A proper business focus will keep your sights set on the things that matter, not clouded by those that don’t, argues Ed Vernon
I’ve always believed business success can be made easier by focusing on a limited number of critical areas. This was brought home to me a few months ago when I was on a judging panel for a competition held by a university leadership school.
The goal was to find the top candidates for inclusion on an advanced executive development programme from a wide range of sectors including services, retail, manufacturing, construction and technology.
Reviewing the applications reminded me that successful firms have common traits beyond mere profit and loss. So what is that makes them stand out?
There were four key boxes the applicants could each tick: a strategic plan that changes as the needs of the business change; an organisational structure that encourages people to deliver their best; operational support systems that track performance KPIs and relieve management of unnecessary detail; and, finally, a strong leadership team where it all comes together.
Successful businesses operate within a framework usually set in a three-year context. The strategic plan details the company’s mission to serve its customers and value propositions, and how they can be improved.
It identifies target markets and pricing strategies, a marketing plan to promote the business and any alliances or other issues seen as crucial to success.
Too often businesses fall into the trap of thinking that the plan is done once implementation begins. That is delusional. Successful businesses have a plan to execute the strategy, a programme of change implementation setting out projects, timescales and owners, and a system of review as the plan develops.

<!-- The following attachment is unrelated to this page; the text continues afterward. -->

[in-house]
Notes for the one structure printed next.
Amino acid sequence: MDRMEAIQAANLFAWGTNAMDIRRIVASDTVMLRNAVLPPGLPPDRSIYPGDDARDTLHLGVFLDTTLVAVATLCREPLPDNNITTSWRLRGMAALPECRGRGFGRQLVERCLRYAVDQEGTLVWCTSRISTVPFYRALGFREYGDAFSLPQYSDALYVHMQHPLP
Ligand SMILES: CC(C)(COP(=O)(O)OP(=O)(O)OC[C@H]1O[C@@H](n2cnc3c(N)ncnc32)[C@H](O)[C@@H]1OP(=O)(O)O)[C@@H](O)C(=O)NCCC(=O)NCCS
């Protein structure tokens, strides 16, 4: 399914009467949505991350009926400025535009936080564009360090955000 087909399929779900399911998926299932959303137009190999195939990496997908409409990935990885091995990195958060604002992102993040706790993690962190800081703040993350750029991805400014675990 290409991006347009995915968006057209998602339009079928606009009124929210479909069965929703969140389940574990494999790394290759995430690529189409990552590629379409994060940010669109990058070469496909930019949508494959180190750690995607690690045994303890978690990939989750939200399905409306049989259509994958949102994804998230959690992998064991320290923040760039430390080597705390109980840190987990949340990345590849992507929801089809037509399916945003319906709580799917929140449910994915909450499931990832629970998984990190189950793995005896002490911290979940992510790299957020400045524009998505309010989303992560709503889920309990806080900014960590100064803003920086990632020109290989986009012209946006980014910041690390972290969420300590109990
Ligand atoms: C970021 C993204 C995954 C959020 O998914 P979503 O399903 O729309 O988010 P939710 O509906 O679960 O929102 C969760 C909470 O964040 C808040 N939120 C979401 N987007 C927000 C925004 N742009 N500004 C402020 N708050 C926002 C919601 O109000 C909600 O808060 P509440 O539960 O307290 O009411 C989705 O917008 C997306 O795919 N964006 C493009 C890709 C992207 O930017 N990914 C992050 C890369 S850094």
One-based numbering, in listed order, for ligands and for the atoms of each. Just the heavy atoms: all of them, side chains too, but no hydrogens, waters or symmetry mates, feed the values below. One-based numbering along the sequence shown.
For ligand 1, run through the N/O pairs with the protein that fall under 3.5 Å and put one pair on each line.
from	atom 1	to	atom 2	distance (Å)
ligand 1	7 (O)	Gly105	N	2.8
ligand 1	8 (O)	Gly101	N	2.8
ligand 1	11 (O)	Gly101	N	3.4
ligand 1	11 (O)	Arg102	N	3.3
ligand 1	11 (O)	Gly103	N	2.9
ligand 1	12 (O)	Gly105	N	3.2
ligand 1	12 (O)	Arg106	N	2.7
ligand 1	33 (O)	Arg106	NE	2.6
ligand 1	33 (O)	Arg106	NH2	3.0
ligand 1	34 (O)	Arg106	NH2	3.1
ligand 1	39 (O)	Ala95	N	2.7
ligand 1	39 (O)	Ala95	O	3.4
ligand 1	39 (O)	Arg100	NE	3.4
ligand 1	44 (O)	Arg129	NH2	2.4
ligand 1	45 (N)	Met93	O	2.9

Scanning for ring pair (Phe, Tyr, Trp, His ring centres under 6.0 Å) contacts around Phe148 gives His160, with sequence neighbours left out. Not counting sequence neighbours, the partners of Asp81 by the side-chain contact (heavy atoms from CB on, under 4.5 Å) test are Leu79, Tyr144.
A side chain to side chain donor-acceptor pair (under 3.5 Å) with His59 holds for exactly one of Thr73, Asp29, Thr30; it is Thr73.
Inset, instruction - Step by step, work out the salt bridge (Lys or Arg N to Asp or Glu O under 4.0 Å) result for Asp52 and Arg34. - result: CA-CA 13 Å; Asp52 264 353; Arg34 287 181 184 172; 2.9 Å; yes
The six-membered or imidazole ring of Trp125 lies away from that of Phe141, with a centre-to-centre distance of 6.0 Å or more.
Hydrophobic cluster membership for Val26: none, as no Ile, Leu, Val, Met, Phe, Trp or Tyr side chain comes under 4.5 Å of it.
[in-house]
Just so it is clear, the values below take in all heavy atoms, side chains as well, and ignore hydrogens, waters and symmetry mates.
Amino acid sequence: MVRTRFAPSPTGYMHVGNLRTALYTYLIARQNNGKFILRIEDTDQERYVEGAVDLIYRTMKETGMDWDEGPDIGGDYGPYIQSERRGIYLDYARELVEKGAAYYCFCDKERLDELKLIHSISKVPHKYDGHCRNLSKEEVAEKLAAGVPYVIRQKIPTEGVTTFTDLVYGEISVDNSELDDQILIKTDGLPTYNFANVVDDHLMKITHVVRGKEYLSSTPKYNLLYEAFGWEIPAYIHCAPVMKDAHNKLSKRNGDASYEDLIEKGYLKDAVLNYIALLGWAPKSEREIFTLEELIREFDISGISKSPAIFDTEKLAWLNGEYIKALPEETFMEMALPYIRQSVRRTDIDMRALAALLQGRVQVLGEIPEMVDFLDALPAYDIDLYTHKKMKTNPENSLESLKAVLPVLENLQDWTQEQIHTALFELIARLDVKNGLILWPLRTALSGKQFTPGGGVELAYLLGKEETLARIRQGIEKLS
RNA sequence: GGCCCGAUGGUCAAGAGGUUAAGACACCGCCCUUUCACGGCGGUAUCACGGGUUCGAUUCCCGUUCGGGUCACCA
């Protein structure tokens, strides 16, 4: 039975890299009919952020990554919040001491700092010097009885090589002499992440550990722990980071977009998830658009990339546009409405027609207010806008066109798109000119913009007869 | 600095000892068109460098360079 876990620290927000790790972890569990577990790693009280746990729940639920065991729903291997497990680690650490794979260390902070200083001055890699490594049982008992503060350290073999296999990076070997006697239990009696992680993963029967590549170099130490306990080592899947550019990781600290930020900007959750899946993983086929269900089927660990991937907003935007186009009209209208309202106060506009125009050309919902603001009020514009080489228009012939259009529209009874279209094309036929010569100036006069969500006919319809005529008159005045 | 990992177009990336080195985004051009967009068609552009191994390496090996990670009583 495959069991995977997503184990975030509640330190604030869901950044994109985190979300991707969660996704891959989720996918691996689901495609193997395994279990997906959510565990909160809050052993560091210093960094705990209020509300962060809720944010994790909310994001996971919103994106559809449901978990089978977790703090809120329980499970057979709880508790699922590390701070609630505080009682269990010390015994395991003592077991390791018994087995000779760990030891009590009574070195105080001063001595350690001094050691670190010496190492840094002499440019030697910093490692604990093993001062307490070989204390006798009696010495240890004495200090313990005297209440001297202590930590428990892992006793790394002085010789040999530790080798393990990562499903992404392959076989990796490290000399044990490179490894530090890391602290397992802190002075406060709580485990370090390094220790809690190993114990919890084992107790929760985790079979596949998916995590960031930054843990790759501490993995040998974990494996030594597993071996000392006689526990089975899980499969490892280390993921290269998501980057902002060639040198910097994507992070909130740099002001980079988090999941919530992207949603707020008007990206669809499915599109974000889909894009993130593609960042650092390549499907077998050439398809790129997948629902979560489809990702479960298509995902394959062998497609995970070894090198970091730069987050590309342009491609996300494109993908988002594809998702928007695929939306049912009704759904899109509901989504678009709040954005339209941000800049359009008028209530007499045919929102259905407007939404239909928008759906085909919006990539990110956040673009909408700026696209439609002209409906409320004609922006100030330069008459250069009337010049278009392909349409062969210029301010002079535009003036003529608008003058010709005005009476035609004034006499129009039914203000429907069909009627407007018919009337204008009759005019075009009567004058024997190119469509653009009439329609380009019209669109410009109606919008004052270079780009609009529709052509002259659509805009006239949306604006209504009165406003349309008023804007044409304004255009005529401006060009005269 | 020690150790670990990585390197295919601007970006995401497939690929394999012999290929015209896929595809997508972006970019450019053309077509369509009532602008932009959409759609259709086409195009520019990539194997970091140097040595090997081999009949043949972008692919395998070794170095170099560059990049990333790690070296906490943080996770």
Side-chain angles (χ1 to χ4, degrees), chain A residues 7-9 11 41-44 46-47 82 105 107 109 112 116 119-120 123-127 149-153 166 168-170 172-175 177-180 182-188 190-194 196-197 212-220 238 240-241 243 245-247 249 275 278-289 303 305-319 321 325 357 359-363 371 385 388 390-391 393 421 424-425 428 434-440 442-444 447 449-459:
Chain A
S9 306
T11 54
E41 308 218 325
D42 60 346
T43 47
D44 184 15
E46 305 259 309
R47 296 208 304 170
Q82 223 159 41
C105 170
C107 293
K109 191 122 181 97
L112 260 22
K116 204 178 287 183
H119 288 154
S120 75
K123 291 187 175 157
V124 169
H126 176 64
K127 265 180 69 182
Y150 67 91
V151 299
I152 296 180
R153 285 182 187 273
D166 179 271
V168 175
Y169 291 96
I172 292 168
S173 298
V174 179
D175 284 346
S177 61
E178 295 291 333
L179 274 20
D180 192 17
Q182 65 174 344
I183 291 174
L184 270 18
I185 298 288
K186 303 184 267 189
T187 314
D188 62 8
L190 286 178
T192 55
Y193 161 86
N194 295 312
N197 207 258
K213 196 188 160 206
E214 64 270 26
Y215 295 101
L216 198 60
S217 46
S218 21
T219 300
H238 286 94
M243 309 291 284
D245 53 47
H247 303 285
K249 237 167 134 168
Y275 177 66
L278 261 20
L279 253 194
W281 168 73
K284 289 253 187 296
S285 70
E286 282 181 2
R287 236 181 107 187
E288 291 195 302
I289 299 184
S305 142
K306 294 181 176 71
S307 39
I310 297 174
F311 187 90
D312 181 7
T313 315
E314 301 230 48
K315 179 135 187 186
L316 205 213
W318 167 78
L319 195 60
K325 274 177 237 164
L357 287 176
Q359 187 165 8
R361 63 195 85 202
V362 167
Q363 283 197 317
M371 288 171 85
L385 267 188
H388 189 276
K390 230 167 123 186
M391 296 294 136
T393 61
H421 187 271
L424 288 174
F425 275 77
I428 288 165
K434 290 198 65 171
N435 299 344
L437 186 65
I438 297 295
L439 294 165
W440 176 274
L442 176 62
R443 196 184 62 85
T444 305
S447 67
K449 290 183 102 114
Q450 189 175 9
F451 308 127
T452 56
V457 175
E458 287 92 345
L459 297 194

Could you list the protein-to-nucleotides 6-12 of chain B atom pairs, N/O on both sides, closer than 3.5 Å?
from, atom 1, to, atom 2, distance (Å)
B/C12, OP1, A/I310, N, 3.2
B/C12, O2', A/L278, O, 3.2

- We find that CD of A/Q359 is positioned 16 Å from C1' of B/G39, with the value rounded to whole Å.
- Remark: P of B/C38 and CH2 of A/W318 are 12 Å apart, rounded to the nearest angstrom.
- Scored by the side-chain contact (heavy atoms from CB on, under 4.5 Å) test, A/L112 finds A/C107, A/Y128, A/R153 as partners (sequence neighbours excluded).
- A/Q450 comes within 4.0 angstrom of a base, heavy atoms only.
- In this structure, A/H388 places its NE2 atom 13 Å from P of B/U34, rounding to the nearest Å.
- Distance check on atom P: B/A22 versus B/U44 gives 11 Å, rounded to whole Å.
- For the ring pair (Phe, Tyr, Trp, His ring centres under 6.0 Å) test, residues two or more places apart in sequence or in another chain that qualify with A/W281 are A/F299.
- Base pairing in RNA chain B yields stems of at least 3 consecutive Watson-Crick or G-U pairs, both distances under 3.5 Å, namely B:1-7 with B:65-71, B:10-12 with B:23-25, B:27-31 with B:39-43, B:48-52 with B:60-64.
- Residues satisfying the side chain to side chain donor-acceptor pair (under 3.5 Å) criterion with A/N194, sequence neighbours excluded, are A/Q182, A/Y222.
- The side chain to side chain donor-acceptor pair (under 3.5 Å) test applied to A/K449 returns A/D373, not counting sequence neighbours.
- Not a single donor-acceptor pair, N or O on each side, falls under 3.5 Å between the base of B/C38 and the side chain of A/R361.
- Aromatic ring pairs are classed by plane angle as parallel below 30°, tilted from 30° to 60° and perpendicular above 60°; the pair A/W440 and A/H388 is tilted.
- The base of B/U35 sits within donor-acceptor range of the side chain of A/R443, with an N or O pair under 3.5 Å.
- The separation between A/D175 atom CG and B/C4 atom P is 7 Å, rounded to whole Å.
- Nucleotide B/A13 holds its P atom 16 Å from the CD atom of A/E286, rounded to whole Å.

Organisation and structure
The basic components here are an organisation chart, job descriptions, a performance evaluation system and a competitive compensation and incentive scheme. It’s crucial to recognise the importance of people development since it’s people who are the primary drivers of innovation, growth and, ultimately, the ability to outperform the competition.
Couple that with a system of management to underpin consistent and scalable growth, which can mean daily, weekly, monthly, quarterly and annual ‘task lists’ with associated systems of review and correction.
Operational support systems
Every business needs to know how well it is performing, so it’s important to identify and report on the ‘critical few’ KPIs, while keeping at bay the ‘irrelevant many’ bits of information which confuse management, cloud judgment and could make for poor decision making. This is where a clear business focus is essential.
Sales, margins, cash, customers and people indicators are typical when identifying KPIs. The trick here is to focus on a limited number of measurements which really drive the desired outcomes.
This is easier said than done as sometimes the most important things are the most difficult to measure. But all successful organisations find a way to measure and then manage those few really critical KPIs.
The growth of many businesses can be fundamentally constrained by the quality of leadership. Businesses often fail to develop because of flaws not in the product but the leadership.
This lack of growth then becomes self-perpetuating as ambitious people decide they have better prospects elsewhere. So leadership itself can become the fundamental constraint to growth.
That’s why leadership must evolve by identifying its own limitations and correcting by means such as executive development programmes and, where necessary, by bringing in additional talent and experience.
So there you have it: the four areas that differentiate successful businesses from unsuccessful ones, the poor from the good and the good from the great. All four need to be in place and working well for business focus, sustainable growth and success. Simple!